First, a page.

Botanical Name: Cynara scolymus L.

Other Common Names: Globe artichoke, garden artichoke, ætiþistill (Icelandic), artischoke (German), artichaut (French), chao xian ji (Chinese), kronärtskocka (Swedish).

Habitat: The artichoke plant as it is known today is a cultivated form that probably derived from the artichoke thistle or the cardoon (Cynara cardunculus).

The Ancient Romans and Greeks knew the plant and cultivated it as a food crop in southern parts of Europe for centuries. It’s believed that both the cardoon and the artichoke originated in Morocco or the Canary Islands.

Today, it’s an important vegetable and is grown on a large-scale in many areas of the world with temperate or subtropical climate, particularly in France, Italy, Spain, Belgium and California in the United States.

The plant prefers a well-fertilized, humus-rich and moist soil. The plants are propagated by seeds or preferably with cuttings from the rootstock.

Description; Artichoke is a perennial plant of the sunflower family (Asteraceae) that can grow up to 2 meters (6.6 feet) in height. The stems are rough, wrinkled and branching, and the leaves are relatively large and are arranged alternately up the stem.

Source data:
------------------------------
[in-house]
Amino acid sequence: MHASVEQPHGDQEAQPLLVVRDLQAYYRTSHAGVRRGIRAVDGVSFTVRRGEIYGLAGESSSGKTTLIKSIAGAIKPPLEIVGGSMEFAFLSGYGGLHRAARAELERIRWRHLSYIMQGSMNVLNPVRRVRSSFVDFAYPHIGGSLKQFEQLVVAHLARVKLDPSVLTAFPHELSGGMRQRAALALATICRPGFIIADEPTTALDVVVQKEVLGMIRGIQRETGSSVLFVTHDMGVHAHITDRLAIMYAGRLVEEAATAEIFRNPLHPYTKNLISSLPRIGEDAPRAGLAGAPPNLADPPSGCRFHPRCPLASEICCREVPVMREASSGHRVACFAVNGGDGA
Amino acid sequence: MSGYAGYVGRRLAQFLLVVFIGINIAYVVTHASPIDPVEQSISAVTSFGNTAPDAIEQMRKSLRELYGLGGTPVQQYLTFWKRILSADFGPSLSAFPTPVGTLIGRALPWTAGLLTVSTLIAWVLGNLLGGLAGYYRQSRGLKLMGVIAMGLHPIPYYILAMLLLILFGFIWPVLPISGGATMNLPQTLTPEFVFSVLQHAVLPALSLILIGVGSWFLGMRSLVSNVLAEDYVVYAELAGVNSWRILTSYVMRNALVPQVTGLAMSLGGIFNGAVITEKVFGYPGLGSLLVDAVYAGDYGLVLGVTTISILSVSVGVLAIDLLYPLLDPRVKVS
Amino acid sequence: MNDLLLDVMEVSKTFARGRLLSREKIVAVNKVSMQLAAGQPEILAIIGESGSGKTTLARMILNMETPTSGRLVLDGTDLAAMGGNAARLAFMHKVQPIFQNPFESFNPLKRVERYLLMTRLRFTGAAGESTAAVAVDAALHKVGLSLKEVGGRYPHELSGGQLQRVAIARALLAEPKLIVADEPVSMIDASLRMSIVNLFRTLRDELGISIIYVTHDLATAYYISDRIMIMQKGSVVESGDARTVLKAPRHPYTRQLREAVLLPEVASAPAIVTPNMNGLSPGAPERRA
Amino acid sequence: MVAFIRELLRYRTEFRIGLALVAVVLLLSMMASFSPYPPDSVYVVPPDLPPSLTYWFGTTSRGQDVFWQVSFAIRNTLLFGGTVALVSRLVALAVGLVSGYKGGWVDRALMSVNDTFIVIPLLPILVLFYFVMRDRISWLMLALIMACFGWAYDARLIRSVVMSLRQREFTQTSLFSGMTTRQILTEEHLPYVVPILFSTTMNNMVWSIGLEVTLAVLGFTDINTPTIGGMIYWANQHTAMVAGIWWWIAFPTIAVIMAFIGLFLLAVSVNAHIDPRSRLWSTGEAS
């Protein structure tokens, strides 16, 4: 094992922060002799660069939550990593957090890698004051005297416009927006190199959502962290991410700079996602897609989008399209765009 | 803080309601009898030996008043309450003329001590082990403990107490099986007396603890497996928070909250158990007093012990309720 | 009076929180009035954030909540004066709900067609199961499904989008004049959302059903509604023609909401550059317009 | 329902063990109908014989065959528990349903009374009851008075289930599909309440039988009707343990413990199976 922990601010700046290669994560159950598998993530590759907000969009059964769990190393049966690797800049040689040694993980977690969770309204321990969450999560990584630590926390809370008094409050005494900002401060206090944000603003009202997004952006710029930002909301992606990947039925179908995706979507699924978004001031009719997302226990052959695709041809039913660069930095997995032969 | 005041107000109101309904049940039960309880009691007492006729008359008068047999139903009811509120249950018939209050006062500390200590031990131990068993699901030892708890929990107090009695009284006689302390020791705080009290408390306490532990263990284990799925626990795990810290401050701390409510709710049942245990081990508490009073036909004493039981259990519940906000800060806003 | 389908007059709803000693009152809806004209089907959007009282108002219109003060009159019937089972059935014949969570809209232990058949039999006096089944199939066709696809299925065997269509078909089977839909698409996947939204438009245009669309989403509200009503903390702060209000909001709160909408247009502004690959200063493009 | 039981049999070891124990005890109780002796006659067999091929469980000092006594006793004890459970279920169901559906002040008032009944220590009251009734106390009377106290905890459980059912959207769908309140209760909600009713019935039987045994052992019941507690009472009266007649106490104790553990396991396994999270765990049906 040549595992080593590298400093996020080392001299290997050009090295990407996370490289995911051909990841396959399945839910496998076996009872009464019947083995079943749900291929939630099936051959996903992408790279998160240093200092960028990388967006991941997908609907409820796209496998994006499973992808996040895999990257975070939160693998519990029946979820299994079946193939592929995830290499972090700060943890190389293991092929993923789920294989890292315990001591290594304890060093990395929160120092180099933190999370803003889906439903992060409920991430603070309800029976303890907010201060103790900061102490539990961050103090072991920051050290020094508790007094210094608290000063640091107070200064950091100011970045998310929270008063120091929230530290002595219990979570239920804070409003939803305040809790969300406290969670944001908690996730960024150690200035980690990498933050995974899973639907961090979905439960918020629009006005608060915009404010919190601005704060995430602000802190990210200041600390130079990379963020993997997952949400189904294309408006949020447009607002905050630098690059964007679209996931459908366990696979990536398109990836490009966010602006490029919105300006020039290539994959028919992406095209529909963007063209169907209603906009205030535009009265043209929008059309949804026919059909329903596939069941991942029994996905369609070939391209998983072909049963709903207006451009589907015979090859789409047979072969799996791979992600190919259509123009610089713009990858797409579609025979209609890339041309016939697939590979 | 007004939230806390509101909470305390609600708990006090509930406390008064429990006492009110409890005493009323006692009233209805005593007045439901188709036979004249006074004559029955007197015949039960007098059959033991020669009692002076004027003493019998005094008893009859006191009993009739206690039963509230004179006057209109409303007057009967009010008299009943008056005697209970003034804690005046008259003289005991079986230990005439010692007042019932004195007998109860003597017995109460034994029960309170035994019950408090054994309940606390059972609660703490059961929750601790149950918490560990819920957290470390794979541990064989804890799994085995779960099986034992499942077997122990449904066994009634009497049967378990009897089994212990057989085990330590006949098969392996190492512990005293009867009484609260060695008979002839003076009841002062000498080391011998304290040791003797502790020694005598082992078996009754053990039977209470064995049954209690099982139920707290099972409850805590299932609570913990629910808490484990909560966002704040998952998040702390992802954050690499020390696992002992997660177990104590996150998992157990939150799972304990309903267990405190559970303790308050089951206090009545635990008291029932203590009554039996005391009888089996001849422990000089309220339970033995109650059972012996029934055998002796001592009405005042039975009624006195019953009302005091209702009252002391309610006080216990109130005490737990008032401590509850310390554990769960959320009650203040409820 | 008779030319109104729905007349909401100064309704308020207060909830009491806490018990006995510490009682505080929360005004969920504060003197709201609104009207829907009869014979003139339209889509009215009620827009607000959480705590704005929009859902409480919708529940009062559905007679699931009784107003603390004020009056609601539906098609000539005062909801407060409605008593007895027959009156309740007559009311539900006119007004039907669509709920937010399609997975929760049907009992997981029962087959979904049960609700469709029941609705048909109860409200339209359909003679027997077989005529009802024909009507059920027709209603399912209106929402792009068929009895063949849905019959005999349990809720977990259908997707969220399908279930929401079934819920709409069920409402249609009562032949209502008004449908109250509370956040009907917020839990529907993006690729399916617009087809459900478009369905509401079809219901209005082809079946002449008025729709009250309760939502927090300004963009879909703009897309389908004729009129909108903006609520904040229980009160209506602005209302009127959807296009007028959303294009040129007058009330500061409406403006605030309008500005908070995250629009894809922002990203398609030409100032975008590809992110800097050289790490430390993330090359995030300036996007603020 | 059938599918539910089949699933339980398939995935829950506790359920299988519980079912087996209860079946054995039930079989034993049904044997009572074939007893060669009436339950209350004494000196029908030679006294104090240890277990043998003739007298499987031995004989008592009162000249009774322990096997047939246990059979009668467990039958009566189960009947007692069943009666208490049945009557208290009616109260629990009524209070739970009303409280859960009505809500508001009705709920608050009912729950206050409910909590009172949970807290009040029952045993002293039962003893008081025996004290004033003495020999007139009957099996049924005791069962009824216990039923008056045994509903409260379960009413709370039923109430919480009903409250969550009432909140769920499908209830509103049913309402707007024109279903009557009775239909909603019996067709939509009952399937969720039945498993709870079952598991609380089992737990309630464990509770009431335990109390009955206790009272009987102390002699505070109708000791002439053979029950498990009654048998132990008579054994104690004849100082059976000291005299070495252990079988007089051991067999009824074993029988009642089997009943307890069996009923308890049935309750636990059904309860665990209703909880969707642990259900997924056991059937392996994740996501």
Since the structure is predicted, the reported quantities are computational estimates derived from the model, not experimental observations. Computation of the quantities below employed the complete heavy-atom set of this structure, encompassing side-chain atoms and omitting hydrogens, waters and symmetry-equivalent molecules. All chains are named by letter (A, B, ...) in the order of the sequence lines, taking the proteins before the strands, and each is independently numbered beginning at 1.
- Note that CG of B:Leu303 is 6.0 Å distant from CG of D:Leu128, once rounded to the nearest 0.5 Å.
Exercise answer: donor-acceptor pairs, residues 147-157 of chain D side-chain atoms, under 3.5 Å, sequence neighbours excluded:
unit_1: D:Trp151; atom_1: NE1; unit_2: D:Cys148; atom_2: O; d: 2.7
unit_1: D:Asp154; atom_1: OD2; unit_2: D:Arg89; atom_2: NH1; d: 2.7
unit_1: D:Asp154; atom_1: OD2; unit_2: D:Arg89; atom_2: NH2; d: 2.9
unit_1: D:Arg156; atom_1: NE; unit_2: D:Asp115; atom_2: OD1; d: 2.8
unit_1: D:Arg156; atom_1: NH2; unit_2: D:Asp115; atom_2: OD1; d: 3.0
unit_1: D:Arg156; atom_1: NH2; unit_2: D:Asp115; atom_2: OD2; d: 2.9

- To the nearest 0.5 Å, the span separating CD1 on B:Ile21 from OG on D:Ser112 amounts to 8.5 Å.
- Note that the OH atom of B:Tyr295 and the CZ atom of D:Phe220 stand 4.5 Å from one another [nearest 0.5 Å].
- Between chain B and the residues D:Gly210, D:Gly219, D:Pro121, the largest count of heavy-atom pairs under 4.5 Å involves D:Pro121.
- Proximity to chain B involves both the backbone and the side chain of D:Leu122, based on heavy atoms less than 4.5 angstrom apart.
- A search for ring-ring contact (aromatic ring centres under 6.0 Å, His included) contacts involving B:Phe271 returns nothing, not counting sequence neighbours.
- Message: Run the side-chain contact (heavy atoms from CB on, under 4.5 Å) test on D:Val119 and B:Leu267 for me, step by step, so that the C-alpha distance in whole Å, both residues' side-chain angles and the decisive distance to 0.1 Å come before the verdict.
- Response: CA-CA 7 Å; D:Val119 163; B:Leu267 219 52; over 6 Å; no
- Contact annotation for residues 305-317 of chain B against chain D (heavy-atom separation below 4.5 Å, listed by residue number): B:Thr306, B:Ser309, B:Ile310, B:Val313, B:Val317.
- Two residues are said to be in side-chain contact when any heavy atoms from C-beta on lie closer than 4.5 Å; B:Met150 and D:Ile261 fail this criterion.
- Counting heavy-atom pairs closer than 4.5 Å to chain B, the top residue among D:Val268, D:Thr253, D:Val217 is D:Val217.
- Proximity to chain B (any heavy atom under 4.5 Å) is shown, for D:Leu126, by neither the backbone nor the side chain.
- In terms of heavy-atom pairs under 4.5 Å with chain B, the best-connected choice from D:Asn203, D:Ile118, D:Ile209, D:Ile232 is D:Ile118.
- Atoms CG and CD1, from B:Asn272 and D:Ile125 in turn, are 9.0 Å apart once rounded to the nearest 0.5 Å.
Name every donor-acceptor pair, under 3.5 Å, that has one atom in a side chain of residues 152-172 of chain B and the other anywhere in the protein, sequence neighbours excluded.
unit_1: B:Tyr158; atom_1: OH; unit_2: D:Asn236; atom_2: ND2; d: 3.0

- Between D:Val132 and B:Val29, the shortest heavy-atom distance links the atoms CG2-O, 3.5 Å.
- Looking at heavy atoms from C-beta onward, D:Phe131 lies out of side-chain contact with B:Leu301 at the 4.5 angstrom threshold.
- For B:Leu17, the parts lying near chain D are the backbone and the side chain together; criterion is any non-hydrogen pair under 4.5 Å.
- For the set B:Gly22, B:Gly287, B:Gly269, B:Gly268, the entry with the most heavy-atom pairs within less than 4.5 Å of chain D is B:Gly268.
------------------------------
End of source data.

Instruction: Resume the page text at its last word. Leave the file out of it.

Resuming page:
The leaves are dark green on top and gray below, with thorns along the edges. The large flower heads are a collection of small, blue-violet flowers.

The fleshy lower portions of the involucral bracts and the base of the buds is the edible part known as the “artichoke heart”. The plant flowers normally in July.

Plant Parts Used: The leaves are mostly used in herbal medicine both in dried or fresh form. The artichoke hearts are mainly used as food.

artichoke flower

Artichoke Flower (Cynara scolymus) – Attribution: J.J. Harrison

Therapeutic Uses, Benefits and Claims of Artichoke

The Herb Artichoke (Cynara scolymus)

The Herb Artichoke (Cynara scolymus)

The artichoke leaves contain a number phenolic acids, flavonoids (rutin, luteolin), cynarin and sesquiterpenes (especially caryophyllene and beta-selinene).

It also contains tannins, sugar substances, inulin, mucus substances, phytosterols (taraxasterol), essential oil, provitamin A and several enzymes.

The herb is used internally as a tea or in tablet or capsule form to treat liver and gallbladder diseases such as liver damage, cirrhosis, hepatitis and jaundice.

The bile driving and liver protective properties of artichoke are associated with substances cynarin and the chlorogenic and neochlorogenic acids found in the plant. These substances are believed to protect the liver cells from damage caused by free radicals, heavy alcohol consumption and other toxins.

Artichokes can also help prevent gallstones, and the German Commission E. recommends the use of artichoke in prevention of recurrent gallstone problems.

It has also been used as an herbal remedy for indigestion, loss of appetite and dyspepsia with bloated feeling, intestinal gas, belching, nausea, irritable bowel syndromehigh cholesterol, obesity and gout.

Clinical studies have shown that artichoke can lower the values of triglycerides and cholesterol in the blood, which explains why the herb is commonly used to treat atherosclerosis.

Scientific studies also prove that artichoke prevents the oxidation of harmful LDL cholesterol, which is believed to play an important role in the development of arteriosclerosis.